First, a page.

The Federal Legislature in 1970 enacted the Controlled Substances Act, 21 U.S.C. Section 811, et. seq. (hereafter “CSA”) which defined marijuana as a “Schedule I” drug and makes it illegal to “manufacture, distribute, or dispense, or possess with intent to manufacture, distribute, or dispense,” marijuana in any form. In fact, CSA expressly states that there is “no currently accepted medical use in treatment” for marijuana. In spite of the federal government’s blanket prohibition on the use of marijuana some twenty (20) states and Washington D.C. have already passed state laws allowing the use of marijuana for medical treatment in certain circumstances.
Pennsylvania may be joining these states shortly as a bill legalizing medicinal marijuana has been approved by the state Senate and is slated for a vote by the House Judiciary Committee in the very near future. Governor-elect, Tom Wolf indicated that if the bill passed he had no intentions of vetoing it. Many supporting the bill point to the potential revenue that legalization could generate, $50-$100 million as estimated in the fiscal notes to the bill.
The federal government has publicly stated that: “It is important to recognize that these state marijuana laws do not change the fact that using marijuana continues to be an offense under Federal law.” Although this may be the case, James M. Cole, the Deputy Attorney General of the U.S. Department of Justice issued a memorandum to the Department of Justice in August 2013 entitled “Guidance Regarding Marijuana Enforcement” indicating that it likely is “not an efficient use of federal resources to focus enforcement efforts on seriously ill individuals, or on their individual caregivers,” instead indicating that federal resources would be used for enforcement of other provisions of the CSA including but not limited to, preventing the distribution of marijuana to minors and preventing revenue from the sale of marijuana from going to criminal enterprises.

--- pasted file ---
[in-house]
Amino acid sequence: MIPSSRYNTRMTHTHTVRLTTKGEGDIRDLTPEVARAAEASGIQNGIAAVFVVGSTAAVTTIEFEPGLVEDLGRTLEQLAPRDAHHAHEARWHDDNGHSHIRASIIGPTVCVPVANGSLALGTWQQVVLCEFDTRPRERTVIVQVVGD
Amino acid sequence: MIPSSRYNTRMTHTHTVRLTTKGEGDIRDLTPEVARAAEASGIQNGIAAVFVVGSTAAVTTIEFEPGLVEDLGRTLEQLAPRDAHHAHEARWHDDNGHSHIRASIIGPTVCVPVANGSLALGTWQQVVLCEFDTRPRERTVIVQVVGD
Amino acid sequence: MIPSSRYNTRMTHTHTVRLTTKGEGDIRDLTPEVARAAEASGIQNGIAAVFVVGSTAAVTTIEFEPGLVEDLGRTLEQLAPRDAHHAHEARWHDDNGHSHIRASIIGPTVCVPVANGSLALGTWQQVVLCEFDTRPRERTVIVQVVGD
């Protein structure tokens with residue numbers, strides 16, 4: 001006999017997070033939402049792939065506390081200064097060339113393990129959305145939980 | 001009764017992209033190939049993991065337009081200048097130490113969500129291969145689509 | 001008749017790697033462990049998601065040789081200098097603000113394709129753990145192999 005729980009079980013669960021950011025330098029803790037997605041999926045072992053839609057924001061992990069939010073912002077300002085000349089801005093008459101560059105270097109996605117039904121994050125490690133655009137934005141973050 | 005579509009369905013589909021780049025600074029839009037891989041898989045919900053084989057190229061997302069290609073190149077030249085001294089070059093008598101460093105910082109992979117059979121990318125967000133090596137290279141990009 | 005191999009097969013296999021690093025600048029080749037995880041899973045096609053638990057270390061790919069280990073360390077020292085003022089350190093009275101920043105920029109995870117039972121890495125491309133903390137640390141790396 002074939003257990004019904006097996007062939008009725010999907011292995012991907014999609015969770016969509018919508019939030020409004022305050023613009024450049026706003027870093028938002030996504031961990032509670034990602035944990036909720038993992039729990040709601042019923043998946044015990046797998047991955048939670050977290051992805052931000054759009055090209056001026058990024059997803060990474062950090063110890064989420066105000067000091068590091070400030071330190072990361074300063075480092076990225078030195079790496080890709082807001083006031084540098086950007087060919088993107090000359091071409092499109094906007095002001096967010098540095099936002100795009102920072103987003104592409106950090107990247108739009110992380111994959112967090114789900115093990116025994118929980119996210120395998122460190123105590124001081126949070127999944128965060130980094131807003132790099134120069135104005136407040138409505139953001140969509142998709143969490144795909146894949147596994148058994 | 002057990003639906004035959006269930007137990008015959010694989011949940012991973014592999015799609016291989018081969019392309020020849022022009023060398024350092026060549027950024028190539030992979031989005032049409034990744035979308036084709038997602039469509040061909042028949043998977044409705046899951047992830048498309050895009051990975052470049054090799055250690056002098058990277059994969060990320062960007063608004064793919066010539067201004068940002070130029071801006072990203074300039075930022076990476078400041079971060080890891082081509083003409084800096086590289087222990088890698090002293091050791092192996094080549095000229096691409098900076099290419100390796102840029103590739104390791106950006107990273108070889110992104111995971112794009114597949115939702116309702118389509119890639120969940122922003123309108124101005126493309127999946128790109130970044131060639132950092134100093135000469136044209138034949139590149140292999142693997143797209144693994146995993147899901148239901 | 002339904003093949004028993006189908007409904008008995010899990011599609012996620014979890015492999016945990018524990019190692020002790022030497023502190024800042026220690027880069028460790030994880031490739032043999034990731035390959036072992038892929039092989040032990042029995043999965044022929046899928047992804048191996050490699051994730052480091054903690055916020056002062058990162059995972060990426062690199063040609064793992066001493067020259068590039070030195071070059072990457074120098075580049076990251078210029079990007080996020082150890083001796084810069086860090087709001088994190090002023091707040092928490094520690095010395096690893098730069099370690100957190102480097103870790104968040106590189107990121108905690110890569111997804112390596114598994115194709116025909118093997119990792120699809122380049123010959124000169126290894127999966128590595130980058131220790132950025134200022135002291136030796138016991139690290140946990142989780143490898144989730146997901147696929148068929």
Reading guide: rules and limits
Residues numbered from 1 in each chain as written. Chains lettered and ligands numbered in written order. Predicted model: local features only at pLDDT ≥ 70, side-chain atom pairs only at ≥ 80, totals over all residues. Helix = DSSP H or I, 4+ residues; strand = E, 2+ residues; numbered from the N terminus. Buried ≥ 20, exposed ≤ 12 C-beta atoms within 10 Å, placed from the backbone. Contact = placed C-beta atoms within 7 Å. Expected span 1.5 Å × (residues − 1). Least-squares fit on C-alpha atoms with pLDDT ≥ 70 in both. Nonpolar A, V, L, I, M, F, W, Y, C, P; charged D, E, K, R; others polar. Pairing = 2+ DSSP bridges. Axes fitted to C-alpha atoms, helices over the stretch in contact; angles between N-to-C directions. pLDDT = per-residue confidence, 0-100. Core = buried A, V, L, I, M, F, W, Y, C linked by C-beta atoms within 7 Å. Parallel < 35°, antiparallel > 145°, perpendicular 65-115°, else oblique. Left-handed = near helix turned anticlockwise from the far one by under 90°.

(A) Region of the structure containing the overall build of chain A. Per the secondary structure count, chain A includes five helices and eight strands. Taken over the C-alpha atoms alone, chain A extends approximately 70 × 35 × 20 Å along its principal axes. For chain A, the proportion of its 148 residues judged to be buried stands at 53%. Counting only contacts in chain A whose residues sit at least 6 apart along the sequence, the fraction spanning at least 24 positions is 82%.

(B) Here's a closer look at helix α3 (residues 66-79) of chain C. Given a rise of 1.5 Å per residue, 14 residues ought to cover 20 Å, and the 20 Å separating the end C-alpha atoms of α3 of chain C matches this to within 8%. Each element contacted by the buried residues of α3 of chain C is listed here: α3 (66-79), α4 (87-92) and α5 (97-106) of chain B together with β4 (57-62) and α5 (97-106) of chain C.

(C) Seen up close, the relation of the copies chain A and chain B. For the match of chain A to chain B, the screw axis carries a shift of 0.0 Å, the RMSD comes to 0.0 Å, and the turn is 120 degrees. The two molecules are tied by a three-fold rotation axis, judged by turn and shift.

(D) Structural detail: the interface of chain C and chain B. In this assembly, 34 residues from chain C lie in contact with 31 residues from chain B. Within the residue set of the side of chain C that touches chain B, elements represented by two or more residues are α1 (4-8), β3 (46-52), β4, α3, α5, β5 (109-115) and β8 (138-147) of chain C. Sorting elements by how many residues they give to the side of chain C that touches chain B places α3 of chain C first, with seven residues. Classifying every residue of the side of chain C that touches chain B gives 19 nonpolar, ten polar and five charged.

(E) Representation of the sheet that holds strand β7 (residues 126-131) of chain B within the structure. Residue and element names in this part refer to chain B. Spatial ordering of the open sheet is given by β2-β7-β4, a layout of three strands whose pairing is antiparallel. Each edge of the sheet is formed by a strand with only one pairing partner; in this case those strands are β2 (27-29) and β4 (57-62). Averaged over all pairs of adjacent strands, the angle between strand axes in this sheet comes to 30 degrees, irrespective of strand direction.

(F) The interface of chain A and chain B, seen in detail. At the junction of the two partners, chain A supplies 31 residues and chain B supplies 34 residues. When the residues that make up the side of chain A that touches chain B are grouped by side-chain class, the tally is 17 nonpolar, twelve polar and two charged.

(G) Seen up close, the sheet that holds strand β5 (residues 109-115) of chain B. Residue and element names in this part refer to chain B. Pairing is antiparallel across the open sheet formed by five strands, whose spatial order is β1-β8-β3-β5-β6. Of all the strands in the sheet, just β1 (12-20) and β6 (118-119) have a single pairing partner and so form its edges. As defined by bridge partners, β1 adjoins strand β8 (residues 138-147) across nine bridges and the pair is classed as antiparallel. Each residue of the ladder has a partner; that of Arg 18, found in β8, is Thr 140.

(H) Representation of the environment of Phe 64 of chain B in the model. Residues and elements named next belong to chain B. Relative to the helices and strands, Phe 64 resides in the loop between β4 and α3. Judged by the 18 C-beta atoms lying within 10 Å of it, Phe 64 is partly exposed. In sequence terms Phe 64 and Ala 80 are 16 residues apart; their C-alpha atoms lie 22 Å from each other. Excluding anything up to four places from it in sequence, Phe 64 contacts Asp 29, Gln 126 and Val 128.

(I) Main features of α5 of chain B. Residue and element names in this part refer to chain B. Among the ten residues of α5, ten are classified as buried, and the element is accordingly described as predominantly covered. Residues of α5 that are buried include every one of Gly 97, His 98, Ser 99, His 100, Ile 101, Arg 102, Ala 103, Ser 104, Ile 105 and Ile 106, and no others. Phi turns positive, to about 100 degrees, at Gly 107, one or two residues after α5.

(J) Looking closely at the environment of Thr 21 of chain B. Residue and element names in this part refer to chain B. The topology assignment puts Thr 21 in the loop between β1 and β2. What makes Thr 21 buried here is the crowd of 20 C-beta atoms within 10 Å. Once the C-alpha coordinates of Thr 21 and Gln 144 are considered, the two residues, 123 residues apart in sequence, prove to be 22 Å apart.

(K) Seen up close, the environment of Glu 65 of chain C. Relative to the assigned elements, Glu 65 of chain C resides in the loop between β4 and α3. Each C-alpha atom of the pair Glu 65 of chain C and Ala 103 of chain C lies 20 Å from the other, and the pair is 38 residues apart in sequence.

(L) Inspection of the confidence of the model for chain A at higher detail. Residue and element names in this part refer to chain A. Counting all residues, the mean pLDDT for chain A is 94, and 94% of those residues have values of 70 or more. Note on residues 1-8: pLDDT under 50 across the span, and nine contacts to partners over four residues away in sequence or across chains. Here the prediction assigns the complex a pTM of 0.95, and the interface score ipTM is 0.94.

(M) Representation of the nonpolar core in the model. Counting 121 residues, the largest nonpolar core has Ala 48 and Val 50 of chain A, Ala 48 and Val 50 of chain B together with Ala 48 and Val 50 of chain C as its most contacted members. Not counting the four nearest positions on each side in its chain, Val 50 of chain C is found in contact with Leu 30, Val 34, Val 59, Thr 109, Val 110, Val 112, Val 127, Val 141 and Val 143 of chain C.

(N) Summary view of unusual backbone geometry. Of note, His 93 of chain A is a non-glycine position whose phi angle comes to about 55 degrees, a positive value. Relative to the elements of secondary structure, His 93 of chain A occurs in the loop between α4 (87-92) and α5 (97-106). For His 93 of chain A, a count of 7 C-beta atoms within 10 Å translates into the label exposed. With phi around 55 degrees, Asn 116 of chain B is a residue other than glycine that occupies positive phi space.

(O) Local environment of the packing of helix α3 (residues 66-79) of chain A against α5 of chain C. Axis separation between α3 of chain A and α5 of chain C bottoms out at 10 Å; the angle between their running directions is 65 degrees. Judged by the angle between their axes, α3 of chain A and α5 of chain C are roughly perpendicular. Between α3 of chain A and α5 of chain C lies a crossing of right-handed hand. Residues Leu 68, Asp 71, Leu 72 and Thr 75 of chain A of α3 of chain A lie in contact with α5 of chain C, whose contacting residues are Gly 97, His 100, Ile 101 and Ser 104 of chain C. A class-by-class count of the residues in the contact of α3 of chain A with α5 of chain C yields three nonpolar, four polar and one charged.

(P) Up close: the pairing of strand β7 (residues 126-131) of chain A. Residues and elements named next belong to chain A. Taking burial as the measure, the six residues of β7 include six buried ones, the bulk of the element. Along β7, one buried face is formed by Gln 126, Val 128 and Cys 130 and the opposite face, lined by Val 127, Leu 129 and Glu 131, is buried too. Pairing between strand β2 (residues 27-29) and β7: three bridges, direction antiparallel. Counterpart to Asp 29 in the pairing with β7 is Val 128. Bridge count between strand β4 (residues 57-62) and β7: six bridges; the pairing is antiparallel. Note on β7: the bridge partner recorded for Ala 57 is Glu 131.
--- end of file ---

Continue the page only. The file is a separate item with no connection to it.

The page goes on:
In the past, the federal government had relied on state and local governments to enforce their state prohibitions on marijuana; now that some states have enacted state legislation permitting medicinal marijuana use, the federal government cannot rely on state and local government for enforcement purposes. Nevertheless, certain ethical issues are coming to light with respect to an attorney’s ability to advise clients about the state’s law, which is at variance with the federal legislation. Specifically, Model Rule of Professional Conduct 1.2(d) prohibits a lawyer from assisting a client “in conduct the lawyer knows is criminal.”
Legal ethics boards in six states that have legalized marijuana in some form have issued ethics opinions for practicing lawyers for guidance. For example, Maine and Connecticut take the position that an attorney cannot assist clients engaged in distributing medical marijuana, they may help the client interpret the state legislation. Other jurisdictions have advised their attorneys that negotiating contracts and drafting legal documents may be interpreted as assisting the client in establishing a medical marijuana business and henceforth a violation of federal criminal law. With the potential of a bill legalizing medicinal marijuana in Pennsylvania, Pennsylvania and their attorneys will be forced to grapple with similar issues.